Bear Cubs get Human Help
Four bear cubs orphaned near Stateline, Nev., will have a chance to grow up near Reno, at least until next winter.
That’s according to the Nevada Department of Wildlife which rescued the cubs last week after discovering their mother died, apparently of natural causes.
The cubs had been living under a walkway since their birth in January, according to a homeowner who reported the family of bears on her property.
NDOW officials visited the makeshift den in March and put a tracking collar on the mother, who they determined was about 18-years-old, which is an advanced age for a wild black bear. Black bears can live into their 30’s in the wild but most die before reaching their early 20s.
Once the bear family awoke from hibernation wildlife officials continued to track the mother via the collar. On Friday they noticed she had stopped moving.
A biologist went to the area and found her deceased in the forest with no sign of trauma on her body.
Wildlife officials then used bait to trick three of the cubs into walking into a cage. They used a blowgun with a tranquilizer dart to capture the fourth. There were two male and two female cubs, which were also tagged. The cubs weighed about seven pounds each when they were taken into captivity on Saturday, according to NDOW.
The cubs were transferred to Animal Ark, a Reno area wildlife refuge where they will be cared for through the summer and fall with a minimum amount of human contact. They’ll be fed a diet of fish, pine nuts and vegetables and be kept away from public view in order to keep them as isolated as possible from humans.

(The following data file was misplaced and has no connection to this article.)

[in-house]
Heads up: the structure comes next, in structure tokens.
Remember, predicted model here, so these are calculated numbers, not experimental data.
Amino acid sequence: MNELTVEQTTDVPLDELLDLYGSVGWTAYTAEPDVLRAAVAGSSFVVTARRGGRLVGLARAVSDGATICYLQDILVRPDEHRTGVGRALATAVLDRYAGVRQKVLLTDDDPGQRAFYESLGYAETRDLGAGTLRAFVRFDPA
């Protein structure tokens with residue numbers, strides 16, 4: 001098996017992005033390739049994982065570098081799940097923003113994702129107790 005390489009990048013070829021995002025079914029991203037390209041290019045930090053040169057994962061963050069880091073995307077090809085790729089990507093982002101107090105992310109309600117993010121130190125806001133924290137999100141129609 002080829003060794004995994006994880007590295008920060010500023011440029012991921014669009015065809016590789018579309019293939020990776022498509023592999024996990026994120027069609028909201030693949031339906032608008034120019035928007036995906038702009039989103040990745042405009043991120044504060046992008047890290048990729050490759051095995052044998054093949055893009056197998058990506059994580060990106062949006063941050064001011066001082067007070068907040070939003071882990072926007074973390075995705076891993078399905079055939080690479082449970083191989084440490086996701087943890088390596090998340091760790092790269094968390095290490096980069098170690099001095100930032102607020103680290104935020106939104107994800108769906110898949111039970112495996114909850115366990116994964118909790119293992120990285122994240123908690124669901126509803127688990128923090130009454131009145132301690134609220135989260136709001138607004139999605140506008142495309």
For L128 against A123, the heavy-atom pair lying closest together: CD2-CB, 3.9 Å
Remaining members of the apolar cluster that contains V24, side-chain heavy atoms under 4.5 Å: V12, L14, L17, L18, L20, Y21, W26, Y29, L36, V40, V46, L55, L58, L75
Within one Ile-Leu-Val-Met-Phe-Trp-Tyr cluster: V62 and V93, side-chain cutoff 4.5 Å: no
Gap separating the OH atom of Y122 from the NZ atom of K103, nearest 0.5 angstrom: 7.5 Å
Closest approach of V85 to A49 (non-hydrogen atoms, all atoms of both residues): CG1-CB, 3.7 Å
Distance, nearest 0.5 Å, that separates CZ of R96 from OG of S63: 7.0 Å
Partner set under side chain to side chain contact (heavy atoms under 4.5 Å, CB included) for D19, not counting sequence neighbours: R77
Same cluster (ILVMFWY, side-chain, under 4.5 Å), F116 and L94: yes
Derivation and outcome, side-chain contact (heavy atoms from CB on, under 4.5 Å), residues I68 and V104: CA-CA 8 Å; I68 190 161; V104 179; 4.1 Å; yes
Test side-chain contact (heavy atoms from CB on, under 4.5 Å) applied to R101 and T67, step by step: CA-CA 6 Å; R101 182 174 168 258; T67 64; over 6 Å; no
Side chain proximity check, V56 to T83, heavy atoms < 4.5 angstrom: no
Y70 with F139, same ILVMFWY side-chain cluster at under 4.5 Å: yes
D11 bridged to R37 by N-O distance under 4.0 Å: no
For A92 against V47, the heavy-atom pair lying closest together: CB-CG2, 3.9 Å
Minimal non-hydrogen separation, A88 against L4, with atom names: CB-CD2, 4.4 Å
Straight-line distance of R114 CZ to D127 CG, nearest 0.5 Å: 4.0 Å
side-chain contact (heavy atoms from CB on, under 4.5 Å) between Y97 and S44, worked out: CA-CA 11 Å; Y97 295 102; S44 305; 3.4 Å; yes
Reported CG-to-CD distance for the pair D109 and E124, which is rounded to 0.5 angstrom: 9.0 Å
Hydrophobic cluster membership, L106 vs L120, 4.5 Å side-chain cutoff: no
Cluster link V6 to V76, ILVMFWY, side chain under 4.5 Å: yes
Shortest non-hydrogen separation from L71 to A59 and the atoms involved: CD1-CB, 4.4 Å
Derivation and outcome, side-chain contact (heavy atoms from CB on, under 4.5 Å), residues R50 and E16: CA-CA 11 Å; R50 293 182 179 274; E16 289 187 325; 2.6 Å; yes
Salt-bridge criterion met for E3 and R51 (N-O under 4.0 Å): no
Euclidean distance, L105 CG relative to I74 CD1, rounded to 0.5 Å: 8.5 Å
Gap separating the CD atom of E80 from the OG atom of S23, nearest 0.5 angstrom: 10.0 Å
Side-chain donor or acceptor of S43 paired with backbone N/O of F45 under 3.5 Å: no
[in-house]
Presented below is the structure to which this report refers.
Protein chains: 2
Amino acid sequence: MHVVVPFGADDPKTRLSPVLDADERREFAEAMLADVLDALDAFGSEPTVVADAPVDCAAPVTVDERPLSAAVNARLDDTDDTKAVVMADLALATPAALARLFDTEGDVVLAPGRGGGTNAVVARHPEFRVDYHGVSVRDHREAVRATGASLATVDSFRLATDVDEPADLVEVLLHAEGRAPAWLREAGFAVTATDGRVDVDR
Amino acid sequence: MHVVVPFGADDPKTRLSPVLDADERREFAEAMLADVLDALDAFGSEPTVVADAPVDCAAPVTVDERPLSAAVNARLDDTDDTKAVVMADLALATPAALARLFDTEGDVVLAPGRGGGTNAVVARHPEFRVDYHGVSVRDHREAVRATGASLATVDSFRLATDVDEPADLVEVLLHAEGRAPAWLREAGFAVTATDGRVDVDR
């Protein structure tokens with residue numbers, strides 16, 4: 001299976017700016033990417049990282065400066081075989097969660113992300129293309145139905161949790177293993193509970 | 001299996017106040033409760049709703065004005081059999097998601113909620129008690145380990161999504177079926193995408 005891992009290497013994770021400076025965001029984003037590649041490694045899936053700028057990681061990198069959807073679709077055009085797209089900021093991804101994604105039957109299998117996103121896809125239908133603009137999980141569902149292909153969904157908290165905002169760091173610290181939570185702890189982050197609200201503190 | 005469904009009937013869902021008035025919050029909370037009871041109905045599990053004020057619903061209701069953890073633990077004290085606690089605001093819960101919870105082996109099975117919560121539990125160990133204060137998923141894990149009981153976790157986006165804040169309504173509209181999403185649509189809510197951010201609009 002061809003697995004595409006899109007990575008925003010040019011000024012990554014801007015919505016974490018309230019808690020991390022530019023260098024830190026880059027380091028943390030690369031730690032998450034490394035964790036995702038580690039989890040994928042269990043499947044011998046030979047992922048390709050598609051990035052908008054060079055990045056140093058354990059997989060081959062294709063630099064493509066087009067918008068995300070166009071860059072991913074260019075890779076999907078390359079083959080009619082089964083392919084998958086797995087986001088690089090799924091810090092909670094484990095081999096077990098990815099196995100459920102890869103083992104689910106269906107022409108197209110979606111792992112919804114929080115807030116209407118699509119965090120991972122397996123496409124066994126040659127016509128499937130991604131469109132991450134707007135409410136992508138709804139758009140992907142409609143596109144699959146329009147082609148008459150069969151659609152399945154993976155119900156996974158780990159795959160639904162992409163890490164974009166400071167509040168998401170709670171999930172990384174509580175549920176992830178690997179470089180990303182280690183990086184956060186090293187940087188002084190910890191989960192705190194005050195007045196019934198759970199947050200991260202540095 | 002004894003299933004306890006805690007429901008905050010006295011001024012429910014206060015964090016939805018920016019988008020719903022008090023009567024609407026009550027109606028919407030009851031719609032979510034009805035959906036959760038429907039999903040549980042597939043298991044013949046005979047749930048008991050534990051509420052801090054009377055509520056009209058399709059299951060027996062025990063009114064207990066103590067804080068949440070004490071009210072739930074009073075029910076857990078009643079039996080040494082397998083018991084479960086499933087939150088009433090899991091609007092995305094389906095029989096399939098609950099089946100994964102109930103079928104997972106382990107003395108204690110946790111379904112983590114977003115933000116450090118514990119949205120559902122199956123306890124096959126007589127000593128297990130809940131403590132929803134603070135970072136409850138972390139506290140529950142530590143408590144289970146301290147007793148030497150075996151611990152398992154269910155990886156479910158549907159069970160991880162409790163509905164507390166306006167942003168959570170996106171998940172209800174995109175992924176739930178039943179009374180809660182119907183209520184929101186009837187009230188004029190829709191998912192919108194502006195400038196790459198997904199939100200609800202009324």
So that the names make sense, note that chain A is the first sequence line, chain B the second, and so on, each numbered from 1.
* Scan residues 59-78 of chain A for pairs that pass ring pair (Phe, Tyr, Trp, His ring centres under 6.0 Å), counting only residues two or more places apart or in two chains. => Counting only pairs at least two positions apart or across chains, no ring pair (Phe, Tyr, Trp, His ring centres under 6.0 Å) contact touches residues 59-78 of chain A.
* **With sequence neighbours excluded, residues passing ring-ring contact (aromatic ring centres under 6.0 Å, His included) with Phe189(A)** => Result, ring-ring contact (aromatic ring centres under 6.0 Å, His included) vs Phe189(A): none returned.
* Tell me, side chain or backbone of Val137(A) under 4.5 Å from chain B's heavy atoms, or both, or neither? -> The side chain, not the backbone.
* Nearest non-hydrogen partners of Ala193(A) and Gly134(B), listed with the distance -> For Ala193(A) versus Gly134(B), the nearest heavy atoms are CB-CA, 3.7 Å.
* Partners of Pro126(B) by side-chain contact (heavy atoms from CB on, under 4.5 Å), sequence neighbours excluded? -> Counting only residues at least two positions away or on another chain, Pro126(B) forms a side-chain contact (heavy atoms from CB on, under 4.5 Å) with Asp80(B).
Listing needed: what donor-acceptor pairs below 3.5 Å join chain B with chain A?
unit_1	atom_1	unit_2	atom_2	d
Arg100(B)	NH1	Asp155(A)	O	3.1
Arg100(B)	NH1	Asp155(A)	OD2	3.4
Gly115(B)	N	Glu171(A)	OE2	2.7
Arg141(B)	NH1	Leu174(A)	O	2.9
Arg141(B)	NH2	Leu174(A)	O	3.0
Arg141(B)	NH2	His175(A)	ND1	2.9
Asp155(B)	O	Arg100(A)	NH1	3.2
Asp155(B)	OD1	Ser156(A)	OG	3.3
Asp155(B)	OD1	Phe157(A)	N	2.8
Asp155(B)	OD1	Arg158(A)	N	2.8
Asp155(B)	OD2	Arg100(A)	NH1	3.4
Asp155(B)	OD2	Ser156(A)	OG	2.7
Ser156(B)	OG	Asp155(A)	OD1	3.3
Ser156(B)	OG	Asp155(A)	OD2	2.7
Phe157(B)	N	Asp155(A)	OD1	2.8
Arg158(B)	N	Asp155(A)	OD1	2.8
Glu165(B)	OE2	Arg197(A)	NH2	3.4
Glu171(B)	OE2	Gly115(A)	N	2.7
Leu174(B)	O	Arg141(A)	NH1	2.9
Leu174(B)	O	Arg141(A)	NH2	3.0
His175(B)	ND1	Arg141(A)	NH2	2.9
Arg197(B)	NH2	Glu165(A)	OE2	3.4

“We want them to be wild,” Animal Ark co-founder Diana Hiibel said.
Next winter as they’re going into hibernation they’ll be taken back to the forest and placed in an artificial den.
They will already be in hibernation when we go out into the wild and put them in the artificial den,”
When they awake in spring they’ll be expected to survive on their own in the wild.
Since 1997 NDOW has rescued and sent 31 orphan black bear cubs to rehabilitation facilities. Of those, 25 have been released back into Nevada.
Including the recent batch Animal Ark has received 22 of the orphan cubs, 17 of which have been released. Only three of the bears released from Animal Ark have grown up to become “conflict bears,” a term for bears that venture into human areas and need to be removed.
Animal Ark is supported by donations from the public. Hiibel said people who want to help the bears and others like them can contact the refuge to make a donation by calling 775-970-3431 or by email to firstname.lastname@example.org.